Cytokenesis in animals cells: the contractile fibres in the contractile ring 'pinch' the cell into two from the middle.
Cytokenesis in animals cells: the contractile fibres in the contractile ring 'pinch' the cell into two from the middle. | Source

Cytokinesis

  1. Nuclei separate into two different sides of the cell
  2. Contractile fibres in the middle of the cell conract and create a 'cleavage furrow' (see diagram above). The fibres then proceed to 'pinch off' at the centre so that the cell is split into two from the middle.
  3. Two new functional identical cells are left -> interphase.

In a Plant

A simple diagram to show how a 'cell plate' forms in between the two nuclei of a plant cell during cytokinesis.
A simple diagram to show how a 'cell plate' forms in between the two nuclei of a plant cell during cytokinesis. | Source

Cytokinesis in plants

  • Instead of a cleavage furrow, acellulose wall begins to form from the inside of the cell outwards away from it.
  • The cellulose wall begins as golgi vessicles (all containing the basic structure of the cell wall) which join to make large vacuoles which in turn fuse together and make a cell plate - joining the small basic structures of the cell wall into a large cell wall.
  • This cell plate has then becomes acellulose wall and is surrounded bycell surface membrane. A small indent is known to be present in the cell wall known as the middle lamella.
  • Small gaps between the vesicles create the larger gap known as theplasmodesma.

Diagram to show the middle lamella - Make sure you can identify it on an unlabeled diagram of plant cells.
Diagram to show the middle lamella - Make sure you can identify it on an unlabeled diagram of plant cells. | Source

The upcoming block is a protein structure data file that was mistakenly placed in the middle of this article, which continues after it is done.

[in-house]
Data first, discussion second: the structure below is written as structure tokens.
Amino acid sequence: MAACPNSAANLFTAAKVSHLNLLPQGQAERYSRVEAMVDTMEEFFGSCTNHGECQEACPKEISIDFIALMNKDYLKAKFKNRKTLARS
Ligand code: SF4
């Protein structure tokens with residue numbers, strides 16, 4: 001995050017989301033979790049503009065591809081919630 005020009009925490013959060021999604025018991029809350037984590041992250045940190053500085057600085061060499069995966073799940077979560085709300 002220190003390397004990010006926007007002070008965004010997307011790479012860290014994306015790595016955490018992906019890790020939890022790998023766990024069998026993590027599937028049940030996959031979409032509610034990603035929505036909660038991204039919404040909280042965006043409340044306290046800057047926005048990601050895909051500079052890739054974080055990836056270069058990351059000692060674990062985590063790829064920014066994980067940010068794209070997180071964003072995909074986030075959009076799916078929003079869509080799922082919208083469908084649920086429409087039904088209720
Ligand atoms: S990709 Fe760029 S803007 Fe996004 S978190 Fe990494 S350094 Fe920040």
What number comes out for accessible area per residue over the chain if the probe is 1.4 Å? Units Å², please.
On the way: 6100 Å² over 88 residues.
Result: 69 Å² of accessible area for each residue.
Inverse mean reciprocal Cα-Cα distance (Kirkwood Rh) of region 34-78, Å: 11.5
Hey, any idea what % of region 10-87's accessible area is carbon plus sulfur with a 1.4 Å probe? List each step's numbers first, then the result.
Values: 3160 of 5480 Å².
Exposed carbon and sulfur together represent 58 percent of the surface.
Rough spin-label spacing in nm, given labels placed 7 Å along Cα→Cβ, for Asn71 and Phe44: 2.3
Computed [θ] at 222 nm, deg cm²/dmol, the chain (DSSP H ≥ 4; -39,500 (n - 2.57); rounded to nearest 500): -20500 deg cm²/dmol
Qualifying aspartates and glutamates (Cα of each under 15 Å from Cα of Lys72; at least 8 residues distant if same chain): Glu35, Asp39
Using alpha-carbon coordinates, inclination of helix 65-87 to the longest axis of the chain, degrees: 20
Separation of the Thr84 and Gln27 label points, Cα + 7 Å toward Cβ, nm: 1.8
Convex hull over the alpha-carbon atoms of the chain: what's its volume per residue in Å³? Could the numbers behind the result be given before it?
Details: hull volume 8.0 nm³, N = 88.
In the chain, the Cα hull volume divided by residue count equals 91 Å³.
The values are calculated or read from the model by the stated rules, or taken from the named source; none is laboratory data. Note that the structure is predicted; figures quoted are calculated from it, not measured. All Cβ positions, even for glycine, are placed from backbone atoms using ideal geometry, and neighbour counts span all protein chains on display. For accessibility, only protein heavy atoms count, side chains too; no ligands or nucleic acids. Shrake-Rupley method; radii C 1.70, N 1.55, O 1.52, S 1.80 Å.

What you MUST know:

  • You must know that the order of the cell cycle is: interphase Prophase Metaphase Anaphase Telophase Cytokensis (IPMATC)
  • You must know what a centromere is.
  • You must know what a centriole is.
  • You must know about the cell cycle of plants and its difference to that of animals, namely:
    • Plants have no centrioles but still use a spindle, the fibres of which are formed in the cytoplasm and not by a centriole.
    • Only meristems in plants are capable of mitosis and cytokinesis whereas all animal cells can complete the whole cell cycle.
  • You must know how to recognise any stage of the cell cycle from an electron photograph.
  • The middle lamella is the gap between cell walls at the sides of plant cells (see diagram).

Comments

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    • Philanthropy2012 profile imageAUTHOR

      DK 

      5 years ago from London

      Thank you kindly Shrawan! Glad you found it useful, I use these hubs to revise myself from time to time. The worst is forgetting what you've already learned.

    • profile image

      Shrawan Upadhyay 

      5 years ago

      useful and informative

    • profile image

      koko 

      6 years ago

      w0w very nice